What the USA Expects from Canada as a Reliable Ally

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Image credit: Richard Lautens / Star file photo

by Peter Van Praagh
President, Halifax International Security Forum
September, 2016

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What the USA Expects from Canada as a Reliable Ally

Like many riddles, the answer to what the United States expects from Canada as a reliable ally is found in the question itself. In short and quite simply, the United States expects Canada to be a reliable ally.

Understanding what the United States considers reliable, however, is not always simple or straightforward, even at the best of times. At any given moment, and sometimes with little or no notice, the United States can make large or small political requests of Canada that have to do with anything and everything, including the environment, trade and commerce, crime prevention, or diplomatic coordination in any region of the world. Or, indeed, the request might have to do with global peace and security.

At times of political certainty in the United States, there is always a healthy give and take and no serious American official expects Canada to surrender its sovereignty and say yes to every request. At the same time, the relationship with the United States is by far Canada’s most important and the economic well-being of Canadians fundamentally depends on it. As a result, each request needs to be understood, weighed and considered seriously.

This paper, however, is written not at a time of political certainty in the United States. Anger among voters has allowed populist political candidates from both mainstream parties to succeed with anti-establishment platforms. Long-time Independent Bernie Sanders exceeded all expectations when he challenged Hillary Clinton for the Democratic Party’s presidential nomination. Businessman Donald Trump actually won the nomination of his adopted Republican Party. Both candidates campaigned strongly on economic protectionism and criticized the North American Free Trade Agreement (NAFTA), a fundamental pillar of North American economic stability.

It is difficult to understand exactly what is driving massive political support for Trump and Sanders. Maybe it is impossible to know for sure. What is now unquestionable, however, is that their emergence as significant political leaders in the United States, whether or not Trump actually becomes President, has given voice to a real dissatisfaction. As American leaders do their best to identify and address this discontent, politics − and indeed government policy − will no doubt be affected. Guessing exactly how US policy will be affected is impossible, and suggesting otherwise at this time is foolish.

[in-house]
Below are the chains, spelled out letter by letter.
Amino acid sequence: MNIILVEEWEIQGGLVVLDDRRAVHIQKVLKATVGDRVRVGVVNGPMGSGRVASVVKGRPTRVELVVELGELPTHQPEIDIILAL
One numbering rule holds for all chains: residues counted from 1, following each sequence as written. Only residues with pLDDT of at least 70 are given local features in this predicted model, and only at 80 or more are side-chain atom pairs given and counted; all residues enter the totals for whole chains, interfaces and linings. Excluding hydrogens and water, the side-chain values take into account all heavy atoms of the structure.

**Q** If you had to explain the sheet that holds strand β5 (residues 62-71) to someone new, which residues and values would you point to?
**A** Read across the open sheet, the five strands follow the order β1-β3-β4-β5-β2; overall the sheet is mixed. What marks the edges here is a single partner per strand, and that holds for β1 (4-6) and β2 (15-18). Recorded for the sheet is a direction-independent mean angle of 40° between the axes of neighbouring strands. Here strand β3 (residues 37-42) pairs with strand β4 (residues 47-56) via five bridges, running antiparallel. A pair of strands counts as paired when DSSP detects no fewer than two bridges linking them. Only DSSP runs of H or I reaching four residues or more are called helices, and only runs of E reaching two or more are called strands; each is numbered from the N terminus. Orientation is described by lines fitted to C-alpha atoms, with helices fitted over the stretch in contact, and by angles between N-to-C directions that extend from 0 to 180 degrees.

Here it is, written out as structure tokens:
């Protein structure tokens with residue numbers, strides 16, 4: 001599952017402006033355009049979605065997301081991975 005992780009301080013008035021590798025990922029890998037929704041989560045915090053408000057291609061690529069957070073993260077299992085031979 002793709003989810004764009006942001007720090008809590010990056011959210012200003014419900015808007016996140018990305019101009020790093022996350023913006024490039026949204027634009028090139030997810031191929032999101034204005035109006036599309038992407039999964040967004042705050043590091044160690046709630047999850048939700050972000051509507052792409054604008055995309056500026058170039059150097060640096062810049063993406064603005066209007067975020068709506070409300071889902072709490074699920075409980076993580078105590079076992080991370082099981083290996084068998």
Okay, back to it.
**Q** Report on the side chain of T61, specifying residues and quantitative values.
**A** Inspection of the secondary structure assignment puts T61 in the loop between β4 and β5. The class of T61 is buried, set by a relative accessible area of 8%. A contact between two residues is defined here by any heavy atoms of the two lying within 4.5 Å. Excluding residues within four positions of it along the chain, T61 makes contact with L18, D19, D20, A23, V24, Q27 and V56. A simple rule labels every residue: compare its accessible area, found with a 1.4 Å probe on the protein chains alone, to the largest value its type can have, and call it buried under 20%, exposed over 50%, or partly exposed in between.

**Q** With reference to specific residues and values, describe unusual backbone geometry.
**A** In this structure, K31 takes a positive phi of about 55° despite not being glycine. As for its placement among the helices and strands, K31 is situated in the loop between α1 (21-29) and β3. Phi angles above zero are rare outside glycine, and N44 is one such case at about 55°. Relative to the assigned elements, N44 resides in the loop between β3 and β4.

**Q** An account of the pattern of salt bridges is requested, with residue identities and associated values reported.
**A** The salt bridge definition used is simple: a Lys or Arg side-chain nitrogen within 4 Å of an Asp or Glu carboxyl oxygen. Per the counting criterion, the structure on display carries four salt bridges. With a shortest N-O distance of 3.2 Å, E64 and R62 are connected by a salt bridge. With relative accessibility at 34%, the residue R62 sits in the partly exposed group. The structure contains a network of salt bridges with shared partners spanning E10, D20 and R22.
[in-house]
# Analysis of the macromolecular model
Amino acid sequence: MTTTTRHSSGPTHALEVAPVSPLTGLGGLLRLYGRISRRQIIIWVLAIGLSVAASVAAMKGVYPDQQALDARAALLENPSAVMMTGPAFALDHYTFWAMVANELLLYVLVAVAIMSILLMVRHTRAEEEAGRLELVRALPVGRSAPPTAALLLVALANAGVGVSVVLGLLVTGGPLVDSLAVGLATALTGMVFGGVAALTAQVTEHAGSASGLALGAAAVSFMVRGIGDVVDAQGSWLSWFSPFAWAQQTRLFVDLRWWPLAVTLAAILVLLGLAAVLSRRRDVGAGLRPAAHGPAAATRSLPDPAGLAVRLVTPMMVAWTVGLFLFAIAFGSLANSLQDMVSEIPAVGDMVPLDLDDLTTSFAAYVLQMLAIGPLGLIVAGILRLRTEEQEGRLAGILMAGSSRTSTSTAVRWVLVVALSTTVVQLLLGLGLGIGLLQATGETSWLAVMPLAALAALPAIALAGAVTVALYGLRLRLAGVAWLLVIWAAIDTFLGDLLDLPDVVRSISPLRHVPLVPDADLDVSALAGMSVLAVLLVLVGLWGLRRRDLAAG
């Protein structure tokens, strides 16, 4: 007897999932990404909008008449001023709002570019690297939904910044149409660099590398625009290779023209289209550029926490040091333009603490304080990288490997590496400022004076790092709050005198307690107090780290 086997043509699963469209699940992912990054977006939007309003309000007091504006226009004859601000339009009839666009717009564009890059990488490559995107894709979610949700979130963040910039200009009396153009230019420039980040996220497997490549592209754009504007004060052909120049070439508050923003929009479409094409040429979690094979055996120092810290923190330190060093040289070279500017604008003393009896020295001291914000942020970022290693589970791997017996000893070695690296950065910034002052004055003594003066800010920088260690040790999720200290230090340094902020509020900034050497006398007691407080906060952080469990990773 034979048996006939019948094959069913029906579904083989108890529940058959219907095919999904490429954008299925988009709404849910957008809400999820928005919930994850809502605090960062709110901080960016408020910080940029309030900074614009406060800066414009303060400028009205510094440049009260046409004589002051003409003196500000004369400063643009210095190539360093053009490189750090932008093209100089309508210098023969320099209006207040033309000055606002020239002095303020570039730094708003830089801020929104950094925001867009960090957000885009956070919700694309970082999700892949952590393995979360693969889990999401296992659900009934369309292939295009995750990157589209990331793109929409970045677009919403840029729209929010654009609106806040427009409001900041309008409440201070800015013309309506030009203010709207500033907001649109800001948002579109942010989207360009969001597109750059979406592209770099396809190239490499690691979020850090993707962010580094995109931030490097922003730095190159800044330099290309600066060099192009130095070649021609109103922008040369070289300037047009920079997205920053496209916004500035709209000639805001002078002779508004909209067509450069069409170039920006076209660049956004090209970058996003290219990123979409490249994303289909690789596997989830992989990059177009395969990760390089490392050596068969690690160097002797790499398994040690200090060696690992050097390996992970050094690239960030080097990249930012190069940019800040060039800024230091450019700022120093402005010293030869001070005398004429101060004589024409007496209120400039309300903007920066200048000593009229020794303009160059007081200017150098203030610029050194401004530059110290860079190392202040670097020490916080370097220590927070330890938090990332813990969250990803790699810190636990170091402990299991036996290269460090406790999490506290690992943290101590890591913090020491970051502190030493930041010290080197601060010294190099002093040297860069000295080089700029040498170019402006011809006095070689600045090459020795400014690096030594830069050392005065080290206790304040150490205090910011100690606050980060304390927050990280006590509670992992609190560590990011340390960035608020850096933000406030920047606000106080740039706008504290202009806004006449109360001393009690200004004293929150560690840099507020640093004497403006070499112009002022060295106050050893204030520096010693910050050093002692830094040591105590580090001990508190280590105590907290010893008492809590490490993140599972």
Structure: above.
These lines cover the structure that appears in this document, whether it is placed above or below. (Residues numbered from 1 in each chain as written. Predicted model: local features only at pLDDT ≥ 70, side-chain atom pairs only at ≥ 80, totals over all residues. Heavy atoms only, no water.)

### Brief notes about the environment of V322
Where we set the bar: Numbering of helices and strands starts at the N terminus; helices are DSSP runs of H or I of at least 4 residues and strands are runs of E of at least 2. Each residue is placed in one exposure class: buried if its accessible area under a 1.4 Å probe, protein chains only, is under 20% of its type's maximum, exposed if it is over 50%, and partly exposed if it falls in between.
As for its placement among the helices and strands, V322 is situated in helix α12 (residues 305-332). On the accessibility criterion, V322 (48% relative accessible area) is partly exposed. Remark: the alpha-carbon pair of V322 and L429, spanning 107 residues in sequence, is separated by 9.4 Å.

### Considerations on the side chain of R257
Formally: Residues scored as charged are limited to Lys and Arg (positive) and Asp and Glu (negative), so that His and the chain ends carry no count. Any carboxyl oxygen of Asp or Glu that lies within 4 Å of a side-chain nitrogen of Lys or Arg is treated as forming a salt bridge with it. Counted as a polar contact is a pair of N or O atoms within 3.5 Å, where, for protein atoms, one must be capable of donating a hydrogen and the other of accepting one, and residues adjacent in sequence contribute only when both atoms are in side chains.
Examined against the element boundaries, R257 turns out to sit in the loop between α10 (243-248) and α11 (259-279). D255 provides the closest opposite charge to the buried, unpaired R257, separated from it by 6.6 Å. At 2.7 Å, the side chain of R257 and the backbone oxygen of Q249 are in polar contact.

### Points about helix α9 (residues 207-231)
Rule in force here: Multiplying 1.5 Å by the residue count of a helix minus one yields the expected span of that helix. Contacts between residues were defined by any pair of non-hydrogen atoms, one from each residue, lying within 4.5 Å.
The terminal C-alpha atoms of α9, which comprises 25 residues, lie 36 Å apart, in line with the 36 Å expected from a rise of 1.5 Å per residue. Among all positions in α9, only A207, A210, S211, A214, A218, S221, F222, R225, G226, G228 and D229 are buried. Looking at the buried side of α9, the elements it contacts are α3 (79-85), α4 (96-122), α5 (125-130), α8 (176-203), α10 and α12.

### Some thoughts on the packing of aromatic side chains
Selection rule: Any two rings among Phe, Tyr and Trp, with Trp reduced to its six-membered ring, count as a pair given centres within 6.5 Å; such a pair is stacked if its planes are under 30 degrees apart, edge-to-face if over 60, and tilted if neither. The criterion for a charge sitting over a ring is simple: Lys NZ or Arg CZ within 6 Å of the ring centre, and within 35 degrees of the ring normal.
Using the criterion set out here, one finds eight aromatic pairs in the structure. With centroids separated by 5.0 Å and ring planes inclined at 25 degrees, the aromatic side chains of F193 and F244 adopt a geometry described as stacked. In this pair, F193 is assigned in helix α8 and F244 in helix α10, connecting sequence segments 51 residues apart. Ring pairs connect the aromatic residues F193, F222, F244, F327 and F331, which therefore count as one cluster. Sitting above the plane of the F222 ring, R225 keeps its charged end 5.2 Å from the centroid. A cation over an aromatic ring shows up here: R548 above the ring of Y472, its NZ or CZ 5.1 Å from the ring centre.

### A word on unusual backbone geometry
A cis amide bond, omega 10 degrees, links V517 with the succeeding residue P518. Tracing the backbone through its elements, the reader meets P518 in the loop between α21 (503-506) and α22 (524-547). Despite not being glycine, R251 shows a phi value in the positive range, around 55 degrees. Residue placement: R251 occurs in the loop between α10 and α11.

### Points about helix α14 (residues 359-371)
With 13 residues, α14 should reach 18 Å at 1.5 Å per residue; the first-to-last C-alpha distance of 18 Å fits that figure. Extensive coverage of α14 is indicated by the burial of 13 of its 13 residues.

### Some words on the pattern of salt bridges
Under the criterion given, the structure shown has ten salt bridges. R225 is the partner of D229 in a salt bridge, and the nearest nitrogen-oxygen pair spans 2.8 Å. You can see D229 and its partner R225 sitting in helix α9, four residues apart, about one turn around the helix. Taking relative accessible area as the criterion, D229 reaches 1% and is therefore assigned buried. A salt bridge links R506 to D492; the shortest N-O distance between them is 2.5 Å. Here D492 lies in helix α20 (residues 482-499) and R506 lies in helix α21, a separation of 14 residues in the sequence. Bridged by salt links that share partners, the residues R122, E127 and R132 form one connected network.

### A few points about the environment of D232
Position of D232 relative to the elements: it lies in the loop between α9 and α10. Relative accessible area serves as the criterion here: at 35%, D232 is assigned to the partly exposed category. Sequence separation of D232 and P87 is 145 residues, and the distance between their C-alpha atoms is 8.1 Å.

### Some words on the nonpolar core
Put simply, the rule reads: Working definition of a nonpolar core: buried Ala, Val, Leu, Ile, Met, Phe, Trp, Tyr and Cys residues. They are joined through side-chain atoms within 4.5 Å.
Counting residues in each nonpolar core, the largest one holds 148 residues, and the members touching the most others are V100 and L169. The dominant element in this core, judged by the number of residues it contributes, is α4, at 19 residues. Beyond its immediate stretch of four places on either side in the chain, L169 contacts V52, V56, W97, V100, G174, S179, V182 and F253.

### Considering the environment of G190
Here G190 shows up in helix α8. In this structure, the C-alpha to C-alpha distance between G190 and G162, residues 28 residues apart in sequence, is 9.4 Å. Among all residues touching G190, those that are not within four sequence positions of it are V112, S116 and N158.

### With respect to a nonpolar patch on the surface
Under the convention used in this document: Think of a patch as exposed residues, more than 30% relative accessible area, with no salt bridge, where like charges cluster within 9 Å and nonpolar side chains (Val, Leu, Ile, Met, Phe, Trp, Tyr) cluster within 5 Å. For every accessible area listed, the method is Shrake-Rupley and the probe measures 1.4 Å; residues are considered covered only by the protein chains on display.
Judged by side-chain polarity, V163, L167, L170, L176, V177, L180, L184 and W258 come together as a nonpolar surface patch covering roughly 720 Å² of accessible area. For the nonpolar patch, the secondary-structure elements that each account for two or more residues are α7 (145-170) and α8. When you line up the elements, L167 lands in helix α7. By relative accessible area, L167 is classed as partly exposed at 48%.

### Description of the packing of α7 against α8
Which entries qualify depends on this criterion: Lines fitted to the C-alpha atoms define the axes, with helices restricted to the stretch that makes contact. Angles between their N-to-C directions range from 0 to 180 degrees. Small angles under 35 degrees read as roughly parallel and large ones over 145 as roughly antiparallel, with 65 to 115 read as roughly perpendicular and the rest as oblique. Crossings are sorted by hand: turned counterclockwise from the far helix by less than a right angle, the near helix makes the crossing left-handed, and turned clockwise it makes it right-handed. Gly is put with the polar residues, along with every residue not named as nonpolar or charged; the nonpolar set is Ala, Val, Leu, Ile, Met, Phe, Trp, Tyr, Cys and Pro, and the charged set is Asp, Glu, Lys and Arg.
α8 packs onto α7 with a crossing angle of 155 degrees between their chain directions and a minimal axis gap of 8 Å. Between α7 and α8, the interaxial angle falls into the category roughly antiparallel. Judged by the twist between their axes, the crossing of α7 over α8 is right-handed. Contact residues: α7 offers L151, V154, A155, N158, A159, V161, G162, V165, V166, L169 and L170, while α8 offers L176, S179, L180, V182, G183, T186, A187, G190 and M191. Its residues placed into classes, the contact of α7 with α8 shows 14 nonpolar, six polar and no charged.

To emphasize the point, this paper is not written at a time of political certainty in other parts of the world, either. Slow economic growth has led to dislocation that in turn has diminished confidence in traditional economic and political institutions. Russia is challenging borders in Europe while at the same time entire borders in the Middle East are being completely redrawn amid a rise in sectarianism. On one side of the Eurasian continent, China is growing more assertive. On the other side, the United Kingdom voted to retreat from these mounting challenges, pack up and go home.

In short, the post-Second World War institutions are being tested, and potentially being pulled apart. This is specifically significant because following victory in the war, it was the United States, with solid political support from Canada and its other allies, which built and maintained this global architecture. Now, as it unravels in real time before our very eyes, long-time and reliable American partners, such as the United Kingdom, are questioning the relevance of the very institutions that they fought so hard to build not that long ago. The focal point of American strength comes from the nature of its alliances and as increased and unprecedented stress mounts on post-war institutions, American strength itself is tested. Unlike other global powers in history, the United States attracts states to its side not through military intimidation or coercion, but through the power of its ideas and what they represent. Indeed, experience shows that without strong alliances, US power is limited. As one of the closest allies of the United States, the UK’s decision to leave the European Union demonstrated clearly that the UK can no longer be relied on to act in sync with the United States politically.